Emily Dickinson Lexicon

Emily Dickinson Lexicon

Top of Mind with Julie Rose - Radio Archive, Episode 239 , Segment 3

Episode: Angry America, Changing the Game, Emily Dickinson Lexicon

  • Feb 24, 2016 10:00 pm
  • 16:31 mins

Guest: Cynthia Hallen, PhD, Associate Professor of Linguistics and English Language at BYU  One of the most significant writers in American history was virtually unknown during her lifetime. Poet Emily Dickinson was an introvert. She hardly left the house, never married, and maintained many of her friendships through correspondence alone. It was only after she died that her poems became popular. Emily Dickinson’s poems are much like her life; there is more to them than meets the eye, full of allusion and ambiguity, puns and idioms.

Other Segments

Human Rights Activism in China

24 MINS

Guest: Nanfu Wang, Independent Filmmaker   To what lengths would you go to reveal injustice? Would you speak up despite disapproval from your neighbors? Use hidden cameras to document it? Would you be willing to face interrogation by national security agents? Filmmaker Nanfu Wang claims she witnessed all the above while filming “Hooligan Sparrow”, a human rights documentary which recently premiered at the Sundance Film Festival. It was filmed in 2013, when Wang returned to her native China to document a protest led by an activist who calls herself “Hooligan Sparrow.” It wasn’t long before Wang became a character in her own film, capturing on camera the lengths to which the Chinese government was willing to go to keep her from telling those human rights activists.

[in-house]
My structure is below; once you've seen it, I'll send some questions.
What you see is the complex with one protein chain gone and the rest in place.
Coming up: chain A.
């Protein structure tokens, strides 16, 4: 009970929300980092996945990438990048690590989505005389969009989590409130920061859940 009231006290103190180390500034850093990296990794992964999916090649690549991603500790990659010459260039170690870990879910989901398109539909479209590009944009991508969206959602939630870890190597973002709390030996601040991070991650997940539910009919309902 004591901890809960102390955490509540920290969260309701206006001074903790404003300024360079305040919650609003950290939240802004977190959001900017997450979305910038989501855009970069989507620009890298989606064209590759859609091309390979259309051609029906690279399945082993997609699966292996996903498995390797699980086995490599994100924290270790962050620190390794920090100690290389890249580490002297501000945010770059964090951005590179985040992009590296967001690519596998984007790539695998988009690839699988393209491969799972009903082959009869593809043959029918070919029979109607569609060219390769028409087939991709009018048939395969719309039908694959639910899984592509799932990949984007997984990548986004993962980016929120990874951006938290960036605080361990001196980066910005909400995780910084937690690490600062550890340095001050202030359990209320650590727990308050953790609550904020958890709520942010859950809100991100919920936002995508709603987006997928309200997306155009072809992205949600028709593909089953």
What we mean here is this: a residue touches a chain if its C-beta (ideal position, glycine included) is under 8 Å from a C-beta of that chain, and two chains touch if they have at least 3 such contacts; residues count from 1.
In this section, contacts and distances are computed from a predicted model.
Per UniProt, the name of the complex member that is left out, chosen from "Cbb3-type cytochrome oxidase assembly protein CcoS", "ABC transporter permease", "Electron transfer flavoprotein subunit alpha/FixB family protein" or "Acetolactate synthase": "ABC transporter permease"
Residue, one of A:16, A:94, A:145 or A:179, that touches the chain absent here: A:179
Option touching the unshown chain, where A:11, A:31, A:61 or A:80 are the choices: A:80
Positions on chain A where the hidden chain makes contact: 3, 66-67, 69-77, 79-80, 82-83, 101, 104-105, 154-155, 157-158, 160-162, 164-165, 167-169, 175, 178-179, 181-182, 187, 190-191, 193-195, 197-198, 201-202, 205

Guest: Nanfu Wang, Independent Filmmaker   To what lengths would you go to reveal injustice? Would you speak up despite disapproval from your neighbors? Use hidden cameras to document it? Would you be willing to face interrogation by national security agents? Filmmaker Nanfu Wang claims she witnessed all the above while filming “Hooligan Sparrow”, a human rights documentary which recently premiered at the Sundance Film Festival. It was filmed in 2013, when Wang returned to her native China to document a protest led by an activist who calls herself “Hooligan Sparrow.” It wasn’t long before Wang became a character in her own film, capturing on camera the lengths to which the Chinese government was willing to go to keep her from telling those human rights activists.